A. Herr Smith Visualize (March 7, 1815 — February 16, 1894) Abraham Herr Smith was an American lawyer and public servant. Smith was born in Lancaster County, Pennsylvania in 1815 and graduated from Dickinson College in 1840. After studying law, he was admitted to the bar and practiced law in Lancaster starting in 1842. His political career began in state government as a member of the State House of Representatives (1843, 1844) and in the State Senate (1845). Smith was elected as a Republican to the United States House of Representatives and served for six Congresses from 1873 to 1885. [Source: “Biographical Directory of the United States Congress, 1774 - Present,” available at https://bioguide.congress.gov/search/bio/S000509] Pennsylvania Delegation (This negotiation)
R. Milton Speer Visualize (September 8, 1838 — January 17, 1890) Robert Milton Speer was a teacher, lawyer, proprietor, and politician. Speer was born in Cassville, Pennsylvania in 1838. After attending Cassville Academy, he taught school while studying law and was later admitted to the bar in 1859. Speer was elected as a Democrat to the United States House of Representatives and served from March 4, 1871 to March 3, 1875. After serving in Congress, he continued practicing law and became a proprietor of the Huntingdon Monitor. Speer died in New York City in 1890. [Source: “Biographical Directory of the United States Congress, 1774 - Present,” available at https://bioguide.congress.gov/search/bio/S000713] Pennsylvania Delegation (This negotiation)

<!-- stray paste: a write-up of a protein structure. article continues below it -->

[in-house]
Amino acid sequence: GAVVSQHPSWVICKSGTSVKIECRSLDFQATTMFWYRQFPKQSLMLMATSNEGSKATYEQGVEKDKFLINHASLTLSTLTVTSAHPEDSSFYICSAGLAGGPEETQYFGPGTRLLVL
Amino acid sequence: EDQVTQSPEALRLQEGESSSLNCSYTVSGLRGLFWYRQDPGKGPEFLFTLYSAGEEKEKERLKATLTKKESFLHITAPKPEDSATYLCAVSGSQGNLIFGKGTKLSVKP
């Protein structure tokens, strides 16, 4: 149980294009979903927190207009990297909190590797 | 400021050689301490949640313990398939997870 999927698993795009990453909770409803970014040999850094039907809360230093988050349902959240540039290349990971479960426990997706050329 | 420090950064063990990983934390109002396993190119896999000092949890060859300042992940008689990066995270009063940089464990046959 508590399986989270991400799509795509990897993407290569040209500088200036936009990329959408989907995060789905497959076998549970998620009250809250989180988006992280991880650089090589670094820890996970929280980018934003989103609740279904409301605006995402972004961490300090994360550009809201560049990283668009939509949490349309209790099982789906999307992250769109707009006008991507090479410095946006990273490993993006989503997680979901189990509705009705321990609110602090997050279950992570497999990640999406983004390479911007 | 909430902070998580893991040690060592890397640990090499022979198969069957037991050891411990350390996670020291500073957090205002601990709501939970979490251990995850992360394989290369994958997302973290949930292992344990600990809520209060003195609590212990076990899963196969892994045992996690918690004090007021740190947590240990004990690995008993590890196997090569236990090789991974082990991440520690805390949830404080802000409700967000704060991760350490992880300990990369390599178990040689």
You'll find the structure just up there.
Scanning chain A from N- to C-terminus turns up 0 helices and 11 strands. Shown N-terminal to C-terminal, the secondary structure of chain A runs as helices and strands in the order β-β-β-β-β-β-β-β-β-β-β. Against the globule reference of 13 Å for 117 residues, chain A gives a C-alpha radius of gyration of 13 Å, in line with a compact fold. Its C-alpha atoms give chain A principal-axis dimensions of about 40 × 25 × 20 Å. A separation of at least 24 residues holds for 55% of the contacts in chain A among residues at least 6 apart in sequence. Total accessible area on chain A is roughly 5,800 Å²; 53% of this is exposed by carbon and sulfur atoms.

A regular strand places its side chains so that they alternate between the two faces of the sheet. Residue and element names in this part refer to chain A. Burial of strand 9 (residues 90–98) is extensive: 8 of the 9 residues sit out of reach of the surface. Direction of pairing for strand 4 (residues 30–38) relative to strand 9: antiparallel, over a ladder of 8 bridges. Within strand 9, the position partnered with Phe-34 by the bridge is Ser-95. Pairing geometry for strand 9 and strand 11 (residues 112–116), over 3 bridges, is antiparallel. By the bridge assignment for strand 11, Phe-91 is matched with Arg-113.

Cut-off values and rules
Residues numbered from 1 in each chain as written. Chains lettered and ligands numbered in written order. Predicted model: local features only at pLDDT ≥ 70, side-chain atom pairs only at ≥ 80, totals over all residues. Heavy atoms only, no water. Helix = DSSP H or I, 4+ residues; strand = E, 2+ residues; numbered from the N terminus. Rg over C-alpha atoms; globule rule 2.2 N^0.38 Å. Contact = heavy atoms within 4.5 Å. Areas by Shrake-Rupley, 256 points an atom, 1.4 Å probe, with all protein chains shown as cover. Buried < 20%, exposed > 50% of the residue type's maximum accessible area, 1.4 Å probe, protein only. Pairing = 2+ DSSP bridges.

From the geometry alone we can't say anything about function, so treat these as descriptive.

John D. Stiles Visualize (15 January, 1822 -- 29 October, 1896) Stiles was an American lawyer and politician. Born in Luzerne County, Pa., Stiles studied law and was admitted to the bar in 1844. Stiles was elected as a Democrat to the Thirty-seventh Congress to fill the vacancy caused by the death of Thomas B. Cooper and afterwards reelected to the Thirty-eighth Congress. Afterwards, Stiles was elected to the Forty-first Congress. [Source: 'Biographical Directory of the United States Congress, 1774- Present', available at http://bioguide.congress.gov/biosearch/biosearch.asp] Pennsylvania Delegation (United States Thirteenth Amendment 1863-65) , Pennsylvania Delegation (This negotiation) , Pennsylvania Delegation (The Road to Civil War)
John B. Storm Visualize (September 19, 1838 — August 13, 1901) John Brutzman Storm was a judge, lawyer, and politician. Storm was born in Hamilton Township, Pennsylvania in 1838 and graduated from Dickinson College in 1861. After studying law, he was admitted to the bar and practiced law in Monroe County, Pennsylvania. Storm also served as the county superintendent of public schools before being elected to the United States House of Representatives in 1870. He served as a Democrat in Congress from March, 1883 to March, 1887. After his time in Congress, Storm was the president judge of the forty-third judicial district of Pennsylvania until his death in 1901. [Source: “Biographical Directory of the United States Congress, 1774 - Present,” available at https://bioguide.congress.gov/search/bio/S000975] Pennsylvania Delegation (This negotiation)